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THE FRONT BURNER

FLS reporter Katie Thisdell serves up news on local food finds, tales from home cooks and inspiration to help you have fun in your own kitchen.

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A cookbook for even the newest of parents

Dinner at my house these days is probably the most chaotic hour of the day.

Our infant is tired and screaming at the top of his lungs after an entire day without a hint of a nap. Our toddler is hungry and ready for her food to hit the table. My husband and I are beginning to long for that precious hour-and-a-half of peace between the kids’ bedtime and our own.

Our latest routine is to heat up something that has been cooked earlier, and for me to wolf it down as quickly as possible so I can go put the baby to bed, while my husband eats with our toddler and does the dishes.

It can be exhausting, but thanks to Jenny Rosenstrach’s “Dinner: A Love Story,” I have hope that it won’t always be like this, and that there will come a day in the future when we can sit down and enjoy an evening meal in (relative) peace.

“Dinner: A Love Story” is one of the latest food-blog-turned-cookbook offerings. It traces Rosenstrach’s life with her husband, Andy, from their dating years, when they first started learning to cook, through the baby years with their two daughters born less than two years apart, to the present day with elementary-age children.

The book started as a blog where Rosenstrach, a former magazine editor, talks about family dinners and anything that might be related to them in any way (kids’ books, music, spousal relations, etc.). It’s strewn with recipes that make regular appearances at her own family table. They range from more complicated dinner-party fare (for after the kids are asleep) to make-and-freeze recipes to have on-hand for those crazy days after a newborn baby comes home.

For me, the book’s biggest takeaway came at the beginning of the third section, which covers the time period when Rosenstrach’s kids could actually sit at a table without dumping their plate overboard or dipping stuffed animals in their food (not that that happens in my house), which she titles, “The years the angels began to sing.”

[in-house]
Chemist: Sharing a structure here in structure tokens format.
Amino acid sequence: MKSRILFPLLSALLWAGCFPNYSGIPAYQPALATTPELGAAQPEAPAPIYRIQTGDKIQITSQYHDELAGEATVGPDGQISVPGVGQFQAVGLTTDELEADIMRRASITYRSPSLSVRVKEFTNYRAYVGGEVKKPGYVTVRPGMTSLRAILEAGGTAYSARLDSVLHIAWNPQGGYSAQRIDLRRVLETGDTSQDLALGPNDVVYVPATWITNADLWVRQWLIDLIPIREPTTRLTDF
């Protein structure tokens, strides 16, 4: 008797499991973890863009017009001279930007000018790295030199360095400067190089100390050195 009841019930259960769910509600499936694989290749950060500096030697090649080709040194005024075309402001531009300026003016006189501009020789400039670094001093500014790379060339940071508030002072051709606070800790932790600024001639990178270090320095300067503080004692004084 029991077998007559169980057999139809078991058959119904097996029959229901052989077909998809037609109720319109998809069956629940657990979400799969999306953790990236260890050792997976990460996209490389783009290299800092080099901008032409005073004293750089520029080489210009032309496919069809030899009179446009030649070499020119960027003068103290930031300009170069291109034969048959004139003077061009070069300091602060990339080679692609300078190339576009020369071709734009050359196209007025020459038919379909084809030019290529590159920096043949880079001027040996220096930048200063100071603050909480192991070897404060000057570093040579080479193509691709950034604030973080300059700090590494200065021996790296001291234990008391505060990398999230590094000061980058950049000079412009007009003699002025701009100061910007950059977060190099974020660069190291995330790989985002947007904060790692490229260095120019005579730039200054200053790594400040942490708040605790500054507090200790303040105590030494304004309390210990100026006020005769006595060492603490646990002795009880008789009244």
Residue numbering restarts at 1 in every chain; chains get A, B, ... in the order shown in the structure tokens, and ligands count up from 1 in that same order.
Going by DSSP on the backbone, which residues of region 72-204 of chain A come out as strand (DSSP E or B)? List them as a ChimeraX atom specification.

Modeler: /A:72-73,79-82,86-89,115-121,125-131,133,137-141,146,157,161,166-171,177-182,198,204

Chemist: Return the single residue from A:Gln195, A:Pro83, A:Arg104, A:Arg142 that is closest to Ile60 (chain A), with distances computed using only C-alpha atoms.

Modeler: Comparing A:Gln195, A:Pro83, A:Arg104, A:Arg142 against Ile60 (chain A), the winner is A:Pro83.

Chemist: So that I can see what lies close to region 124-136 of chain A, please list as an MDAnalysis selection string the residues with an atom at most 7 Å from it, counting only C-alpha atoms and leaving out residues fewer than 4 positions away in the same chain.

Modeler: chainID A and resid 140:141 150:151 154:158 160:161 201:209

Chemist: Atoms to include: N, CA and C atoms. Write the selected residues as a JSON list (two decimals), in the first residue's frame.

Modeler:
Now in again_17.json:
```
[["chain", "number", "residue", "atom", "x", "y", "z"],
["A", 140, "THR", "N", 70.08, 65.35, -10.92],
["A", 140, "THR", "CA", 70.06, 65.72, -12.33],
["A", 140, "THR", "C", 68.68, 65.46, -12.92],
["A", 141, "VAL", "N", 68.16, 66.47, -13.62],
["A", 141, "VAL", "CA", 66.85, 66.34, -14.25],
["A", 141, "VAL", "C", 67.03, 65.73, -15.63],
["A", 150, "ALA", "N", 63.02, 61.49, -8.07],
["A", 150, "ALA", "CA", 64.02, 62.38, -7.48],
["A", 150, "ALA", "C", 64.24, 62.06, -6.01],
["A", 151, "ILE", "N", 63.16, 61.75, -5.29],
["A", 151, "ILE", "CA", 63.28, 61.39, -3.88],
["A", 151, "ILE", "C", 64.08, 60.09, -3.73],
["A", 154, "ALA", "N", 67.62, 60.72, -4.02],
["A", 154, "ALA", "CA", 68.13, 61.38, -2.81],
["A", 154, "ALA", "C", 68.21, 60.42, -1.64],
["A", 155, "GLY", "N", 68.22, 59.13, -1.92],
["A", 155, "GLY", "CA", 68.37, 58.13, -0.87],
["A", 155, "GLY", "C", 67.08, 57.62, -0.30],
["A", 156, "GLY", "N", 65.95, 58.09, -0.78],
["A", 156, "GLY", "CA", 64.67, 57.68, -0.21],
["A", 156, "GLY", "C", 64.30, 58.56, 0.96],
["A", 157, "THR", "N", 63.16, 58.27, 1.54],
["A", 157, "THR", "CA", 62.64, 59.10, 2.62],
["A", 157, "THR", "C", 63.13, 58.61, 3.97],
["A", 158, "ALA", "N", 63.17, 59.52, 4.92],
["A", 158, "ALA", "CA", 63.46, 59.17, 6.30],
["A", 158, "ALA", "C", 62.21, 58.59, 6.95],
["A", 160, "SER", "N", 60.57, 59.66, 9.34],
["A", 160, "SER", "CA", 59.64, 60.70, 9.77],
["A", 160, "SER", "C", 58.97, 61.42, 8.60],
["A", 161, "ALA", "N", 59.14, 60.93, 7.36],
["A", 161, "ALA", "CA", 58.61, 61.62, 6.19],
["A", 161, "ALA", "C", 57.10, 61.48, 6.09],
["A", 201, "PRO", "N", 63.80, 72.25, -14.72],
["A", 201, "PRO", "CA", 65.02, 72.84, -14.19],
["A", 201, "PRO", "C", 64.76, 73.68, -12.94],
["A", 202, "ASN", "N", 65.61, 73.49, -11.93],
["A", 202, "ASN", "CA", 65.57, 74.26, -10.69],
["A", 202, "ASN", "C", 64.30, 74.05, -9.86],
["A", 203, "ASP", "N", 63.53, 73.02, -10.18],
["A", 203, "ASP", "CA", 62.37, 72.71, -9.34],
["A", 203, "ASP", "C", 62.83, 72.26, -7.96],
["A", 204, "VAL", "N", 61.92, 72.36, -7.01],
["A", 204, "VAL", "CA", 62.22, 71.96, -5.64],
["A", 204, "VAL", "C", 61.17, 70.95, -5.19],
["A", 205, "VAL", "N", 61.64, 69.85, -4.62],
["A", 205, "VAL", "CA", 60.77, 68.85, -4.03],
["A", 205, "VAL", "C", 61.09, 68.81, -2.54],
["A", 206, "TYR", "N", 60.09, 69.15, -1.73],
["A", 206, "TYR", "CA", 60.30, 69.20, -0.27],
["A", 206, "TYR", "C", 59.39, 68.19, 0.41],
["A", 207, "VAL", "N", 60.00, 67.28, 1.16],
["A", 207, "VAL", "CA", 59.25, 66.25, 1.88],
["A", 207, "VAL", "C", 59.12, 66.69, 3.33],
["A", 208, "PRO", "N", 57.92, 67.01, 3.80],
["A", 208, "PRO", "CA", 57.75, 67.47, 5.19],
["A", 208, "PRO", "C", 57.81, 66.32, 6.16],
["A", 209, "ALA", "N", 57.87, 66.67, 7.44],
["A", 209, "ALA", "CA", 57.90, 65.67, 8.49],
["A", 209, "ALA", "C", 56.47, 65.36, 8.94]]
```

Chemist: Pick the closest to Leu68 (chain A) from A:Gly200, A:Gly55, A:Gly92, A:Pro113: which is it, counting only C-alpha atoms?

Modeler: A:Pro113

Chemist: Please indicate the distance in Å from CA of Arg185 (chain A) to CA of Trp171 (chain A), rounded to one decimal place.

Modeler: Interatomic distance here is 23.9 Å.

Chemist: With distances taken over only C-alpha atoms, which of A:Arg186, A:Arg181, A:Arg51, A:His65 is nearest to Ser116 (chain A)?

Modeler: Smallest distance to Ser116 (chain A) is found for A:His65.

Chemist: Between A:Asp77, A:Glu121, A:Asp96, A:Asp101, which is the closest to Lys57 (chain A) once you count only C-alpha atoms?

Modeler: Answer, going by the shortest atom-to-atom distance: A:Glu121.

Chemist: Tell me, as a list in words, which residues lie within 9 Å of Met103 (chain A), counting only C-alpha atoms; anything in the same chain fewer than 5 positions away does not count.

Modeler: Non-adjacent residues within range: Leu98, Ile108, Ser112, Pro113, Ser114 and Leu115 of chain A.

She describes an afternoon when her daughters were 3 and 4, and she was sitting in their room watching them play. It occurred to her that she could turn on their baby monitor, go down to the kitchen, pour a glass of wine and start cooking dinner.

This “dinner milestone” led to an era where the evening meal became “the emotional anchor to our days, the only time we all set aside our iPhones and Polly Pocket fashion cruise ships to hash out whatever was on the collective family mind.”

Wow, I thought. You mean there will be a day when dinner isn’t just about telling your toddler not to feed the dog under the table, and watching your water glass ripple to the vibrations of the baby’s bouncy seat? Sign me up.

The recipes in this book are both delicious and accessible.

Rosenstrach’s pizza dough recipe, from renowned baker Jim Lahey, has been my go-to pizza crust recipe for the past couple of years, since I saw it on her blog. I’ve made five batches of her turkey chili recipe in the month since I got the book, because it’s a great dish to freeze, and to take to friends who have their own new babies.

Rosenstrach writes with a friendly, nonjudgmental voice. This book is not about making your nightly dinner tables look like something you saw on Pinterest (But if you ever see a good baby bouncy-seat centerpiece on Pinterest, let me know.).

It’s about good, simple food that takes a little more work than just opening a few cans of glop, but not so much fuss that you won’t have the energy to pay attention to your loved ones once it’s on the table.

I was drawn to the book out of a longing to hear from a home cook who had made it to the other side of the exhausting baby days, but I think this book would appeal to anyone who wants to include less processed food and fewer takeout meals in their weekly menu, or who is on the lookout for quality recipes that call for real-food ingredients and will have staying power in their regular dinner rotations.

And to go with the food, Rosenstrach includes a section titled, “Medicine,” which consists of four cocktail recipes that help get her and Andy through the more harried nights. Amen, sister.

You can get a taste of what this book is about by reading Rosenstrach’s blog. The book puts it all together, in one place, and tells the story of how the evening meal evolves with the varying circumstances of our lives.

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